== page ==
And so poor Mike spent Christmas Day in bed, feeling miserable. He could hear the guests arriving – talking and laughing, the clink of cutlery on twenty-odd plates, as they feasted on that once-a-year perfect meal. But then, later in the evening, Uncle Roger heard that Mike was sick, sequestered in his bedroom. And so he walked down the hallway, knocked on the door, and went into his room to sit and talk and wish him a Merry Christmas.

I’ve always remembered that. In our family, avoiding a sick person was an unquestioned virtue; you do whatever’s necessary to avoid being infected. But along comes Roger, who’s never claimed to be a Christian of any sort. He certainly wasn’t “welcoming one such child in Jesus’ name” (if you want to be a purist). But it seems to me, on that Christmas Day, there was just one person in that whole house who actually greeted the Christ Child in his manger, for whoever welcomes such a child welcomes Jesus.

For, if this is our posture, if this is the way we’re drawn to care for those around us, it means we’ve discovered the Secret of the Kingdom of Heaven – that everyone is worthy, everyone is beautiful, everyone is worth knowing and honoring, because everyone is made in the image and likeness of God. Like C. S. Lewis once observed, if we were actually able to see the distinctive, untarnished glory that resides in each of our neighbors, we would be tempted to worship them.

We might be tarnished. We might behave in ways that are anything but godly. But nothing we do can eclipse the fact that we are made as image bearers of God. And blessed be the one who has discovered that to be true.

A few years ago I helped chaperone a group of 7th graders on a three day trip to the Oregon coast. It was unseasonably warm, but still, it was only May. And we’d hiked about a mile or so to get to some beach. And I watched these seventh graders playing on the edge of the surf, bit by bit letting the waves get them wetter and wetter. Now, mind you, they weren’t wearing swimsuits. They were in jeans and sweatshirts. And as I sat watching them, I knew what would happen next. I knew that it was only a matter of time before they’d be totally wet.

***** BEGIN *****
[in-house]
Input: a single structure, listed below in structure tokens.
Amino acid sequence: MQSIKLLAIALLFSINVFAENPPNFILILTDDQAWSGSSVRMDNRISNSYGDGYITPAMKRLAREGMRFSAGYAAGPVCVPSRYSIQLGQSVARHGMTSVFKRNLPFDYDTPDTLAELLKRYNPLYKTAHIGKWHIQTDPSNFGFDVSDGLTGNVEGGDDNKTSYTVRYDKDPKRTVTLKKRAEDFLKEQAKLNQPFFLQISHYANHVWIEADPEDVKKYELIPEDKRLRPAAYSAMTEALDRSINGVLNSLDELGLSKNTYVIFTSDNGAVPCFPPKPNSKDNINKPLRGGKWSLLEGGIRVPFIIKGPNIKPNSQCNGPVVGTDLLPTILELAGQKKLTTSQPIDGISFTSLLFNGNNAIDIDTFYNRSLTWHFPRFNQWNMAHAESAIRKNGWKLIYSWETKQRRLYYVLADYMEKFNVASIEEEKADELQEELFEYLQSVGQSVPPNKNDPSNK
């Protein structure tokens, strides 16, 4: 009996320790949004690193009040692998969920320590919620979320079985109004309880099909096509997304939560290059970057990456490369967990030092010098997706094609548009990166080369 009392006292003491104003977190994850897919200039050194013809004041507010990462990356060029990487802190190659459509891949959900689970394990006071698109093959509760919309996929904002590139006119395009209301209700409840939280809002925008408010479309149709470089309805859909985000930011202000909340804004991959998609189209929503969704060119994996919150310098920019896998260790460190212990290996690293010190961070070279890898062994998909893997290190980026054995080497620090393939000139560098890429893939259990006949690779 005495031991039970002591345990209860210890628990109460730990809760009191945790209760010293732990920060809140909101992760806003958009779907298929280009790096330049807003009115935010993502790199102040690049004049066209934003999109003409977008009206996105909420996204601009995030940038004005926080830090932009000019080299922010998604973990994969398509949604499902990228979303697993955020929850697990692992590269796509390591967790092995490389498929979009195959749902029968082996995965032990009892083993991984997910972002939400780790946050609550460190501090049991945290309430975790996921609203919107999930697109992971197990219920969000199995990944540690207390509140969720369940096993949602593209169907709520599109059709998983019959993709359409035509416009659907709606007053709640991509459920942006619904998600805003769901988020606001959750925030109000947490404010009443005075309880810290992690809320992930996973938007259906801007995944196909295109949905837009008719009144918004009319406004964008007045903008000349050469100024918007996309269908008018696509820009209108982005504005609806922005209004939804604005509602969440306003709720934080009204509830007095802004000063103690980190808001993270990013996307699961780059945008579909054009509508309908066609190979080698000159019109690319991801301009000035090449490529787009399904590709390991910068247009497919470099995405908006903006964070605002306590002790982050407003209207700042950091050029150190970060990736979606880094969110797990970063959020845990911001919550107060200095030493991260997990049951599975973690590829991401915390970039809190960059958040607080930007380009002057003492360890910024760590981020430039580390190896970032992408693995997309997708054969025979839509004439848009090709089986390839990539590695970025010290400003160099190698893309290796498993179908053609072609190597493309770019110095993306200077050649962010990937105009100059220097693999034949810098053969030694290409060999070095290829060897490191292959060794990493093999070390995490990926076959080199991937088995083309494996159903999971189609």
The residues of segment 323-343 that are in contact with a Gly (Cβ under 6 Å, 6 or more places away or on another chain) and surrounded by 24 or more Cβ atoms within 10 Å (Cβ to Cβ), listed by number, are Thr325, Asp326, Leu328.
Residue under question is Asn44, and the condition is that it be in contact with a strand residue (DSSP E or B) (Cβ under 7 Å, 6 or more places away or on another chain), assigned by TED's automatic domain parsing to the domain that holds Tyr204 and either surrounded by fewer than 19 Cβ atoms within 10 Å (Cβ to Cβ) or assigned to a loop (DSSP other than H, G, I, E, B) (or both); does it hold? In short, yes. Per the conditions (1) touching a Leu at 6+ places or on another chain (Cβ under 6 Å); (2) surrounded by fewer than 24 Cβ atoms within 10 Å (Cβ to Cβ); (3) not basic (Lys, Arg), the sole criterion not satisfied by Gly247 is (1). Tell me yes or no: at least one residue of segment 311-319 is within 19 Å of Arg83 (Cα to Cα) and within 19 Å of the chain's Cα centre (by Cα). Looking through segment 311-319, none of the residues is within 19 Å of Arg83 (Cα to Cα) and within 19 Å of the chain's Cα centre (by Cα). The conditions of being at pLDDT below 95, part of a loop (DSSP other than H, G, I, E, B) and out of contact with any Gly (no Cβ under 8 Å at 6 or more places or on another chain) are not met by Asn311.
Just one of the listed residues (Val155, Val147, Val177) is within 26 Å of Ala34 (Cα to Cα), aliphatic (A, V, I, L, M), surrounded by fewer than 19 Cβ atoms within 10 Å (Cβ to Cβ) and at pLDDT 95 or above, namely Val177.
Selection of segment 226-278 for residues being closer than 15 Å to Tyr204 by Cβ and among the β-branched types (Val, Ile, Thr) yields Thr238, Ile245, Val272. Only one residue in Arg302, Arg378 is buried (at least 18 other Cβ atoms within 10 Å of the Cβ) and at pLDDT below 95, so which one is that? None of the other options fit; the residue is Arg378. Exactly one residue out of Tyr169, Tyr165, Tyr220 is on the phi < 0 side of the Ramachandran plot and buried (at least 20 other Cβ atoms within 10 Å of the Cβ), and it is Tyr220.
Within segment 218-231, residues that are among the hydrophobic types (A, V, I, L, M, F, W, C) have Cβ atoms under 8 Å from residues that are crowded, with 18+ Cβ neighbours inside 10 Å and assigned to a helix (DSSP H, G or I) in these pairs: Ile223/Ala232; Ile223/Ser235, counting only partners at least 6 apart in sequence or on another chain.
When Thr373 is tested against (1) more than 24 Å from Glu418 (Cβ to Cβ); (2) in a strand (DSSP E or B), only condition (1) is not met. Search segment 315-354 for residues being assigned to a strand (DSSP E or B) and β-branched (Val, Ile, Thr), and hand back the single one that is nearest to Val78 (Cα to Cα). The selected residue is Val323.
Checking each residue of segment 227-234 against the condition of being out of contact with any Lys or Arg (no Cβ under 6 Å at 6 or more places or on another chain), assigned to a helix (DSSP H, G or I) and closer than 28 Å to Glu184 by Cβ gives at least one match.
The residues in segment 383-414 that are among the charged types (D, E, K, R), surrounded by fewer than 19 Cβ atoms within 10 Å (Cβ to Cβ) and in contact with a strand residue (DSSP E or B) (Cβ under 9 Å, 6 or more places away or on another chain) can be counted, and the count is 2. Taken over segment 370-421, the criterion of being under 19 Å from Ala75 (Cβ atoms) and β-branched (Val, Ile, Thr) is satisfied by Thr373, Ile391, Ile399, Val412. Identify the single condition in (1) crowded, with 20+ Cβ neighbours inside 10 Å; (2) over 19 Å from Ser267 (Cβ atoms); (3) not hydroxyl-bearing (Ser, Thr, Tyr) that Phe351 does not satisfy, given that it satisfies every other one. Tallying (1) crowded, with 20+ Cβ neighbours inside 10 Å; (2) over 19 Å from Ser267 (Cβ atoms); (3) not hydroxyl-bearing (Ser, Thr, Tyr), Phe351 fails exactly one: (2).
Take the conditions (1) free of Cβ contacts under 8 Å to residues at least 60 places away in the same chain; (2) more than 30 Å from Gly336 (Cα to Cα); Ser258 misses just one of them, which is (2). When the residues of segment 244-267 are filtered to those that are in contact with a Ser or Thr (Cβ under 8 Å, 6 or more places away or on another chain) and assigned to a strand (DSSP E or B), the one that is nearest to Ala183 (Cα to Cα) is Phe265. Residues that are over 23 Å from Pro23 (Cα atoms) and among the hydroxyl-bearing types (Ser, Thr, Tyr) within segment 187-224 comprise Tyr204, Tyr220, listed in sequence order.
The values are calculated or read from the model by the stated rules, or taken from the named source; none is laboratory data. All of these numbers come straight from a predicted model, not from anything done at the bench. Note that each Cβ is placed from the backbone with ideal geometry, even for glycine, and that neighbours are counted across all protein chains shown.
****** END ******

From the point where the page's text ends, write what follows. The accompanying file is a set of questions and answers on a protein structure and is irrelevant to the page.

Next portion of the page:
And I thought to myself, Fools. They’re going to have to hike back up that trail, over a mile, in their wet, salty, sandy jeans, chafing at the thighs. Bleh. Fools.

But the longer I sat there, smug in my adult superiority to able to foresee the consequences of our actions, I began to realize, But look how much joy they’re having right now. And look at you, you boring, judgmental, middle-aged man.  Look at their ability to delight in this world, right now, to live in the moment without fear of what may come.

You see, just as each of us is uniquely made in the image of God, so I believe each stage of our lives is uniquely gifted to discern and embody a distinct aspect of the God we resemble. And one of the ways God is revealed in scripture is as always being fully present to the moment. Not in the past. Not in the future. But right now. After all, consider then name God chooses: “I Am.” Who is God? but a verb in the present tense: I am who I am.

So whether they were cognizant of it or not, in their joy and watery abandon, these 7th graders were entering into the wonder and aliveness of God – an aliveness that became blessing to me only once I was able to see them, in that moment, as my superiors.

When we welcome the child, we welcome the very presence of God among us.

But when we reject the child, the same principle applies, and we are rejecting God.

We learned this past week that Mahmoud’s visa application was denied. Mahmoud is the Iraqi orphan whose legs were blown off in a battle with ISIS. St. John’s was sponsoring him to visit Gig Harbor where he’d be fitted with custom-made prosthetic legs. But apparently the state department has determined that Iraqi Muslims are too threatening to our country. A legless, 16 year old boy is unwelcome here. So all his hope is dashed. But our borders are secure. And in our fear, we’ve managed to keep God out, God who was to visit us in the form of Iraqi orphan.

When the nations argue about who is the greatest, the poor and the weak and the orphaned and the children have no place in the debate.

But we are followers of Jesus. We follow a different voice, a voice that proclaims that true greatness is found, not in power and strength and self-preservation, but in laying our lives down to serve the child.

Whoever wants to be first must be last of all and servant of all.

For whoever welcomes one such child in my name welcomes me, and whoever welcomes me welcome not me but the one who sent me.

If we want to find God, let us welcome the child among us.